Around the same time, GM struck a similar deal with Queensland Pacific Metals of Australia. As part of the agreement, GM is expected to invest up to $69 million in Queensland Pacific Metals for the development of its Townsville Energy Chemicals Hub (TECH) project located in northern Australia. The hub will process nickel laterite ore using a proprietary waste reduction process that eliminates the need for a tailings dam.
Another deal announced
Now there is yet another deal for Canadian minerals, this time with Panasonic.
Panasonic Energy Co., Ltd. announced today that it has signed a memorandum of understanding with integrated graphite producer Nouveau Monde Graphite Inc (NMG) to establish a North American supply chain for graphite, used as an anode active material in batteries lithium ions. Both companies will collaborate with Mitsui & Co., Ltd. (“Mitsui”; Tokyo, Japan) to streamline a feasibility study for the potential development of an integrated graphite production business in North America. The goal is to conclude an offtake agreement by March 2023.
As more people switch to electric vehicles (EVs), Panasonic Energy is working to increase production of EV batteries in the United States. This increase in demand will require increased localized sourcing of materials and the establishment of a sustainable supply chain. To jointly promote the integrated business development “from mine to battery materials” in North America, Panasonic Energy and NMG have entered into a strategic partnership with Mitsui. This will involve the refining of graphite mined at NMG’s Matawinie mine (Quebec) and active anode materials produced at its battery materials plant in Bécancour, Quebec. As part of the feasibility study, NMG will develop production facilities and material samples which Panasonic Energy will then evaluate.
Panasonic Energy believes it has established an excellent connection with the Canadian government when it comes to understanding how critical it is to ensure sustainability. The company knows that federal and provincial governments support renewable energy sources and efficient businesses. Panasonic would therefore like to help as much as possible.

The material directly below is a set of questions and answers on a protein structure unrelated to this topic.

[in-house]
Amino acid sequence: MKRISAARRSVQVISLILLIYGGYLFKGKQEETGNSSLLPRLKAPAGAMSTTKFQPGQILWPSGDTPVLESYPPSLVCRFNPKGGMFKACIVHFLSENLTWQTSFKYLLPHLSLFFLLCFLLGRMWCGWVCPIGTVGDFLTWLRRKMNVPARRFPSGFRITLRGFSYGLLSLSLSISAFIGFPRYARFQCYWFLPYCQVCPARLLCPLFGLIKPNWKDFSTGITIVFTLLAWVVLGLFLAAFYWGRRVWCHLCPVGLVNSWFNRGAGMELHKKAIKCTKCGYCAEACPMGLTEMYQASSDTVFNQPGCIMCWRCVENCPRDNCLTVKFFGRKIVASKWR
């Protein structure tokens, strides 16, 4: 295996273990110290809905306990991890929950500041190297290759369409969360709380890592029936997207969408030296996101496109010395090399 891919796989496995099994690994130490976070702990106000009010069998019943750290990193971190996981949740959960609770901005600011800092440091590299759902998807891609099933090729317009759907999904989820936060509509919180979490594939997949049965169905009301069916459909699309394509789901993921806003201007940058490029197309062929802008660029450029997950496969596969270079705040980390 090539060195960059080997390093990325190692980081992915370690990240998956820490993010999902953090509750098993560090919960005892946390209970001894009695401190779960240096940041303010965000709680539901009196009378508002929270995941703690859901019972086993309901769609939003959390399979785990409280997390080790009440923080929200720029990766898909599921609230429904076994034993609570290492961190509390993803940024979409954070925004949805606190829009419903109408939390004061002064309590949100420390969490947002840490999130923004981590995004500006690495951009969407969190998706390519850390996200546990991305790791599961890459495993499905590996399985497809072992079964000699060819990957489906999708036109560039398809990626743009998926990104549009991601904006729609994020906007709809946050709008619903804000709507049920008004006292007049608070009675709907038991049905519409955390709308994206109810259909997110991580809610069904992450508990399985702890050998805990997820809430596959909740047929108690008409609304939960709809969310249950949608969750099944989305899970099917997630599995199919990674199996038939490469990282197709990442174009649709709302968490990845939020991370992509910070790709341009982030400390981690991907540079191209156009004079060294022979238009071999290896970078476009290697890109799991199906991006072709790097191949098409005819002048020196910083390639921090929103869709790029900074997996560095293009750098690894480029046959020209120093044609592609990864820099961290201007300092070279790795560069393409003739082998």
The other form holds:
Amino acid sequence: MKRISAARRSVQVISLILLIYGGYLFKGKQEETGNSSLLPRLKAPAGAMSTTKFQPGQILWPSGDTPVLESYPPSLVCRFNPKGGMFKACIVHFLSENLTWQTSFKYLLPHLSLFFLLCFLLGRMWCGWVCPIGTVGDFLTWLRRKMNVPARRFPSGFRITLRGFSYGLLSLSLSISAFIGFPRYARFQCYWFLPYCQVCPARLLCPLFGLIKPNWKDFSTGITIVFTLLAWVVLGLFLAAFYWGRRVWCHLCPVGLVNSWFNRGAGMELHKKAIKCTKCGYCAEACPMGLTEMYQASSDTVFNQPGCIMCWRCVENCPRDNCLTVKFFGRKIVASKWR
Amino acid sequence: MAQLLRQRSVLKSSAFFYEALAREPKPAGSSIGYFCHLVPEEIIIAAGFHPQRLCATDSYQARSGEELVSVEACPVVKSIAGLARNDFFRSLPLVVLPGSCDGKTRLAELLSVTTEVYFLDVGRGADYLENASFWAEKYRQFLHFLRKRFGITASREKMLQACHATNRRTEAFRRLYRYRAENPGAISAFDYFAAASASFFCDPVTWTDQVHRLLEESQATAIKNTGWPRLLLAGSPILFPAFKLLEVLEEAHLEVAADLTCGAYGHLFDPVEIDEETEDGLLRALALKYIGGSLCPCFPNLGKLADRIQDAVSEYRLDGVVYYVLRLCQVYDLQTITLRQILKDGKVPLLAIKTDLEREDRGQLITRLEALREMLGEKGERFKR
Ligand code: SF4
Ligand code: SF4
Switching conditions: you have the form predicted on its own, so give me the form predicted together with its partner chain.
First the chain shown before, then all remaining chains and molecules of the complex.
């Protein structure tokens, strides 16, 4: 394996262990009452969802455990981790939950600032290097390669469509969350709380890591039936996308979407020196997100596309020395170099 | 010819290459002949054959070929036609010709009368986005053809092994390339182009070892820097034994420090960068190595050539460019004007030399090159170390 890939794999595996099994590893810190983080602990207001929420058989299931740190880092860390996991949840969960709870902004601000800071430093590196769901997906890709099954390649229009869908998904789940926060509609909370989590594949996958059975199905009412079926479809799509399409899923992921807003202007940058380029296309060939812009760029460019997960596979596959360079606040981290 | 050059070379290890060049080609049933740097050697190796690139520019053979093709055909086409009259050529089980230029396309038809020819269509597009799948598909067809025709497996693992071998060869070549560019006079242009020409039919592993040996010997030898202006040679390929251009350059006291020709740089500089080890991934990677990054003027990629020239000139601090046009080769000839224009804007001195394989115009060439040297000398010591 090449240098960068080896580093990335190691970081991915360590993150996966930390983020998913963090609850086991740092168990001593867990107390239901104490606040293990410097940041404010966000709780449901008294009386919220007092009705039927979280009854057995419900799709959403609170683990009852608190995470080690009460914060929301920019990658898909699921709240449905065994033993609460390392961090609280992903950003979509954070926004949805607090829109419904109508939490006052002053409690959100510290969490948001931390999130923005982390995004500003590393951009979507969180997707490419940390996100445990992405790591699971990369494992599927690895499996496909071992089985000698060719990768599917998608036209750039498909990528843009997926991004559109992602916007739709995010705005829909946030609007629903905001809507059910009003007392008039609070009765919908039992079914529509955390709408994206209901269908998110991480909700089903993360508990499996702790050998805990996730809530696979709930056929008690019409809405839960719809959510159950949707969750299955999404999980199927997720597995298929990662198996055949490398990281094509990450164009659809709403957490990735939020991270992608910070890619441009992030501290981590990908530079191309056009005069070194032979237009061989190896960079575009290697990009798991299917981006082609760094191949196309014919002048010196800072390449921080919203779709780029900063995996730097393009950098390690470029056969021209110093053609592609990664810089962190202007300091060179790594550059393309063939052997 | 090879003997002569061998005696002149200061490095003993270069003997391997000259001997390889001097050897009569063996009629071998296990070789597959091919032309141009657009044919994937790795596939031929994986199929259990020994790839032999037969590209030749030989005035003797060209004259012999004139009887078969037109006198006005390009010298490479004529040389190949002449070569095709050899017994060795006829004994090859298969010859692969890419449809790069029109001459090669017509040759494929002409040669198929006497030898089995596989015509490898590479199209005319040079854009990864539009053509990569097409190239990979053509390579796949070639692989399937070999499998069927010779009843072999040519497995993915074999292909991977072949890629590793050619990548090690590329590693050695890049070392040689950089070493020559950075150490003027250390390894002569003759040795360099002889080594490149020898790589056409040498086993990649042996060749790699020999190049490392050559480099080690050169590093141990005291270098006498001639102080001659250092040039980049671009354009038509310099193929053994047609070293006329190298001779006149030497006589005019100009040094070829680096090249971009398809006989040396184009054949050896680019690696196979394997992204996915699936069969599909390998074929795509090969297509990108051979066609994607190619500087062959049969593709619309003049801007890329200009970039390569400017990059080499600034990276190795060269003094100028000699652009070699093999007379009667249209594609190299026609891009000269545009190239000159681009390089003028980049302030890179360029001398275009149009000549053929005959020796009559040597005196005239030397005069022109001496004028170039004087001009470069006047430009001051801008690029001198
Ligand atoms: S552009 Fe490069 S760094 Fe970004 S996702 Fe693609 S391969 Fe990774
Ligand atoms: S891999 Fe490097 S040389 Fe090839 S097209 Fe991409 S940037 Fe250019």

NMG’s low environmental impact graphite is a major step towards its goal of halving its carbon footprint by FY2031. Sourcing materials for battery production in the United States from Canada will also shorten supply chain distances and significantly reduce CO2 emissions in the logistics process.
Panasonic believes that its excellent technology and rich experience in battery development and production will drive the growth of the lithium-ion battery industry. Its strong partnership with NMG is an effort by the company to achieve zero emissions, which will ultimately bring it closer to balancing happiness and sustainability.
Opponents could be wrong
While it’s unclear what the final mining yields of these Canadian and Australian deals will be (they’re currently only at the memorandum of understanding stage), it shows that automakers and battery manufacturers are responding to the call for more minerals from geopolitically secure sources. . Limiting US tax credits to those who use raw battery materials from friendly countries seemed like a disaster earlier this year, but the industry just might pull it off and leave us all in a better place.
Featured image provided by Panasonic.